Bernard E. Richardson
Dept. of Phys. and Astron., Univ. of Wales College of Cardiff, P.O. Box 913, Cardiff CF2 3YB, UK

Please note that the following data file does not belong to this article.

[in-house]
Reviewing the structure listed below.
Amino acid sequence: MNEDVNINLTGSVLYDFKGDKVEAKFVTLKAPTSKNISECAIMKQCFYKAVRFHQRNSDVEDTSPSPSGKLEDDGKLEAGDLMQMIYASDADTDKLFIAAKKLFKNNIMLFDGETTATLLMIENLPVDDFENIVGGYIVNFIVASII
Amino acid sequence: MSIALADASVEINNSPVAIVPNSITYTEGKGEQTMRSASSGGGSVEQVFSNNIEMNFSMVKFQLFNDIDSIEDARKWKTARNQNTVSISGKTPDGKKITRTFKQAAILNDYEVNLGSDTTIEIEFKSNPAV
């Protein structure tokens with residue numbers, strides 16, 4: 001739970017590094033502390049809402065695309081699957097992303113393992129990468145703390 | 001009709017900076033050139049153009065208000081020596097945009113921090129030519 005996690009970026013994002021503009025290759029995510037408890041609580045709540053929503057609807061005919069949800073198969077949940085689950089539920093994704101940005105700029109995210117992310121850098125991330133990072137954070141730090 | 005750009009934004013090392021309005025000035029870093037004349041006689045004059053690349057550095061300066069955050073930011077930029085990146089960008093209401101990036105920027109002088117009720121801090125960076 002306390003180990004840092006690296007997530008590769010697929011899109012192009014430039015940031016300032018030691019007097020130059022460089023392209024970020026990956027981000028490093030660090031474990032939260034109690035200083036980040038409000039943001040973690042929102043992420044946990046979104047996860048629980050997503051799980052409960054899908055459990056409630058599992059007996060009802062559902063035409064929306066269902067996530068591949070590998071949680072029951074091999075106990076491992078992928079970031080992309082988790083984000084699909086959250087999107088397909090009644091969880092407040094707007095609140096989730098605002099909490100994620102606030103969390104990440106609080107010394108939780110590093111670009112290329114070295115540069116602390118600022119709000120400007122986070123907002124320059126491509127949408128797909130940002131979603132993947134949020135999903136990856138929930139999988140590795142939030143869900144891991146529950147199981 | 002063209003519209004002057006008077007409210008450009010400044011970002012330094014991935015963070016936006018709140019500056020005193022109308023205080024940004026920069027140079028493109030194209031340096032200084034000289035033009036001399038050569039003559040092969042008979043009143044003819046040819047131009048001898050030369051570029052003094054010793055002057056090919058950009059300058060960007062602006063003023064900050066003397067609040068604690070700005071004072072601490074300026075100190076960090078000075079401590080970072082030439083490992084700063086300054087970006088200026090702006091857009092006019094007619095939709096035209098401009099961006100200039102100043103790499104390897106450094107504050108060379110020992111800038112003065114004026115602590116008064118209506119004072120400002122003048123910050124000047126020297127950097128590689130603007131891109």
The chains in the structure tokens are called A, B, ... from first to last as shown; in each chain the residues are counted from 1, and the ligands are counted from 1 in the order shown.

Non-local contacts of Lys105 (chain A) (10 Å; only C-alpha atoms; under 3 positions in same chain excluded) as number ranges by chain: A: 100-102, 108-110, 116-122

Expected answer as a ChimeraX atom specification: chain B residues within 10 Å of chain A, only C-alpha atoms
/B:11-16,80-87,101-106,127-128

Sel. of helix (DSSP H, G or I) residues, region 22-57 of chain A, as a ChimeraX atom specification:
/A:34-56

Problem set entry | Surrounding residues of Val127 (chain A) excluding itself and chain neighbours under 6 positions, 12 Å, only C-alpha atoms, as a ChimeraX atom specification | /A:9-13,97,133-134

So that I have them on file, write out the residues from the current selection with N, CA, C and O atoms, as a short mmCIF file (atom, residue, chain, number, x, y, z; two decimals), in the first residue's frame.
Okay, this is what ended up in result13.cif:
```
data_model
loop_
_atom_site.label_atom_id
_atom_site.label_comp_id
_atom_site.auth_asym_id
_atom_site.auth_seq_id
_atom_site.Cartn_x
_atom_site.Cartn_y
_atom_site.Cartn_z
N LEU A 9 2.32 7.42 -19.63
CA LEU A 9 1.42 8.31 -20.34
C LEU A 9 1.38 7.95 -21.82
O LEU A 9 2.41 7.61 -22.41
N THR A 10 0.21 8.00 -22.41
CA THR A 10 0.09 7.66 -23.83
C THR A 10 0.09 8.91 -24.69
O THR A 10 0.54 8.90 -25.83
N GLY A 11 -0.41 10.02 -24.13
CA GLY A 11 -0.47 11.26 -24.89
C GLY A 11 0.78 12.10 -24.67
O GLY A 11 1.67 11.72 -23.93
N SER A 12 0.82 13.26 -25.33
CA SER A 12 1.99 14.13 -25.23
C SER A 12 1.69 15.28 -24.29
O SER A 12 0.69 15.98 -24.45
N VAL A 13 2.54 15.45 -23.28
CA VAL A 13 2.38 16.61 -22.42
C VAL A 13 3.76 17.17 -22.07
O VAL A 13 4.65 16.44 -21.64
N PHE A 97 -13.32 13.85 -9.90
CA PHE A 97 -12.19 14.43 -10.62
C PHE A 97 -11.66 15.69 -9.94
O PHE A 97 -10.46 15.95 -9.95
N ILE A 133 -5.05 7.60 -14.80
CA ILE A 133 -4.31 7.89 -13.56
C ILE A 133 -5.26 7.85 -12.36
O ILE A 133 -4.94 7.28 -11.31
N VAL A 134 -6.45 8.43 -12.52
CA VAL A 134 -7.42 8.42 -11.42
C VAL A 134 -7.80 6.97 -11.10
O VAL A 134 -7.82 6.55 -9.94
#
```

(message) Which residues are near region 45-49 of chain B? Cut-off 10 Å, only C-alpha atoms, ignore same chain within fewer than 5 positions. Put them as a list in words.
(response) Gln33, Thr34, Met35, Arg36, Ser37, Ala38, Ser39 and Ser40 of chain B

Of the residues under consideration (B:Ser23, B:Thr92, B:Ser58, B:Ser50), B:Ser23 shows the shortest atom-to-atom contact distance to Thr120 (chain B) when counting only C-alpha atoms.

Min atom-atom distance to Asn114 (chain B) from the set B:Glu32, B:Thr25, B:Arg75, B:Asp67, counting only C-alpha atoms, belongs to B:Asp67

The acoustical function of the guitar is now reasonably well understood. The various modes of the vibrating string couple to structural and air-cavity modes of the body. These in turn interact with the surrounding air thus enhancing the radiation of energy from the string to the listener. The modal properties of the instrument are thus of central importance in determining its sound quality. It is of great interest to the maker to know how these modal properties might be adjusted to produce instruments of pre-determined sound quality. This paper will give a resume of experimental and theoretical work undertaken at Cardiff to determine formal relationships between physical properties of the instrument (construction and materials) and psychoacoustical evaluation of guitar tones. The aim of this work is not to define parameters of an idealized ``perfect'' instrument---that would be a futile goal. Instead, the aim is to identify those features of construction which have a perceptible effect on the guitar's sound and to define acceptable limits for modal properties. The latter will be discussed theoretically, but taped demonstrations will be presented to emphasize the points being made.